When a story becomes a freak show, journalists often stoop to silly stunts to add to the freakdom.
The CBC’s Fifth Estate has gotten on the Barry Sherman bandwagon.
He makes allegations that the press wants to eat up, but in such a way that they can seem serious and not clowns.
So CBC opts to give said colourful character a lie detector test…as if they were reliable and valid.
And they are not.
They are not foolproof. Honest, innocent, but jittery people can fail them just as easily as guilty psychopaths can pass them.
But the point is that it is not a tool for journalists, even if they hire an outsider to do it.
It is. staple of police procedurals programs that are fiction, and used for drama.
Journalism is not about drama. It is about facts.
On the one hand, reporters have their noses in the air, trashing talking someone to whom they gave a platform. They want their cake and eat it, too.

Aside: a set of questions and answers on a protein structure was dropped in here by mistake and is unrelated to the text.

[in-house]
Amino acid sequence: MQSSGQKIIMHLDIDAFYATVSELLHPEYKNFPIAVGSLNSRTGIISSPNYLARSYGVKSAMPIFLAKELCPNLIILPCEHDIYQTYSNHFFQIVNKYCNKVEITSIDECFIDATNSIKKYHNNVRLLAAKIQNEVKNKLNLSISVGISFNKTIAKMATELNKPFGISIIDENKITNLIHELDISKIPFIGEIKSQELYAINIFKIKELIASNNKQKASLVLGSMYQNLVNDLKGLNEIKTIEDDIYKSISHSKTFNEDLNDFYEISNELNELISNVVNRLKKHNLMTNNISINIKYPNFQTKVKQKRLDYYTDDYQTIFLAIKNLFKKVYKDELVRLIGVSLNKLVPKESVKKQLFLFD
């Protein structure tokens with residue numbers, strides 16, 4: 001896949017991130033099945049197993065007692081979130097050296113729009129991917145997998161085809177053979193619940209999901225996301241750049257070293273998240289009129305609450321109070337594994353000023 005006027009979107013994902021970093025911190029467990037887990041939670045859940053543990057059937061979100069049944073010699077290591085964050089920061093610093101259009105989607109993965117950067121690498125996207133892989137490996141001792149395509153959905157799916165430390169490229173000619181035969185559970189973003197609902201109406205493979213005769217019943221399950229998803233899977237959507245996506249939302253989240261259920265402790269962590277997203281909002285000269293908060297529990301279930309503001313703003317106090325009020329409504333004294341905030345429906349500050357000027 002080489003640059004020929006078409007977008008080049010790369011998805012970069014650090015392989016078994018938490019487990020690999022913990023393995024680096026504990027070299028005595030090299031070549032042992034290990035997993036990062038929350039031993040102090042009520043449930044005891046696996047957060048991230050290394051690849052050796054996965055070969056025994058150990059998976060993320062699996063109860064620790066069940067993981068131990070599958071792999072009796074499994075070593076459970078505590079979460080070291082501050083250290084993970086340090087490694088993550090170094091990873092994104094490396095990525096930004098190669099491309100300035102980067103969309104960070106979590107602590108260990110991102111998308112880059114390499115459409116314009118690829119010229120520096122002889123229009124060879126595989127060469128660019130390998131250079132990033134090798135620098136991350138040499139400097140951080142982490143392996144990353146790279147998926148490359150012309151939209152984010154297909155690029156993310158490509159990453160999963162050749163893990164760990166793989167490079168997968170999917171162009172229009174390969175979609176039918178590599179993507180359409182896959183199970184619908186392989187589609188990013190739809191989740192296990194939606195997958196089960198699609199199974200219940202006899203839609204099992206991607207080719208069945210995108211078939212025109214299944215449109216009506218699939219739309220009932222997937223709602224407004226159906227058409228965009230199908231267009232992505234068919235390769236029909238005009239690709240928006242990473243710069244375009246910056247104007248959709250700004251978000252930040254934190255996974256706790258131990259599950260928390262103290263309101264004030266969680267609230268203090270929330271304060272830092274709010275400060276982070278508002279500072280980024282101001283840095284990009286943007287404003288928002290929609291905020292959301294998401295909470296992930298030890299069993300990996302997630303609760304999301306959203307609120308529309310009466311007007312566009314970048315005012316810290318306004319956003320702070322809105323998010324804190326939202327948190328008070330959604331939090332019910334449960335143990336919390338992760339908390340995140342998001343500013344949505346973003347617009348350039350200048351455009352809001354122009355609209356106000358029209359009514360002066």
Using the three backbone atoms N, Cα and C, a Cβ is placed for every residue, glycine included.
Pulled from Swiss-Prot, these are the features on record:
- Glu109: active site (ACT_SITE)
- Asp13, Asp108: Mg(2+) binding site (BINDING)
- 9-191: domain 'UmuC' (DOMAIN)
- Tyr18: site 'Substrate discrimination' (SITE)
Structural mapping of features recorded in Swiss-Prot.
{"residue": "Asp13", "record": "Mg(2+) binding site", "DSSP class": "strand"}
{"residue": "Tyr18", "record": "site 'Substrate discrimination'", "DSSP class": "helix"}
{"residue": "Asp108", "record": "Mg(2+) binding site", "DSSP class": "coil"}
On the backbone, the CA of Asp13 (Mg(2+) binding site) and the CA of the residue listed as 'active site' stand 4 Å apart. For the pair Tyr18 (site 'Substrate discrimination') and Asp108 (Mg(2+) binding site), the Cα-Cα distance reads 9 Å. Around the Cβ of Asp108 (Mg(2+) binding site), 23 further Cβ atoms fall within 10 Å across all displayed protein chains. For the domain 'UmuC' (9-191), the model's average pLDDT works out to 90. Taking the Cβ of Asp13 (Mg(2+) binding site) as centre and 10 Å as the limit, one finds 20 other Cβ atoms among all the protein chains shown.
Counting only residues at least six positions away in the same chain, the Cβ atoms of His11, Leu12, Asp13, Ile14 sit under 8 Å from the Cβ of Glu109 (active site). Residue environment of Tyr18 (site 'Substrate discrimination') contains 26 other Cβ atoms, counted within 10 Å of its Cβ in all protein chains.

From the beginning, they have been playing stenographers with this case: when they heard gossip that it was a murder-suicide, they ran with it. When the family paid experts who decided it was a double homicide, they ran with it. When the family demands praise, they praise.
What are the facts?
Information verification is not something that can be done with a polygraph. They are being used less than before for a reason.
It’s a cheap stunt being used in a sucker circus, and it is doing nothing to resurrect a dead profession.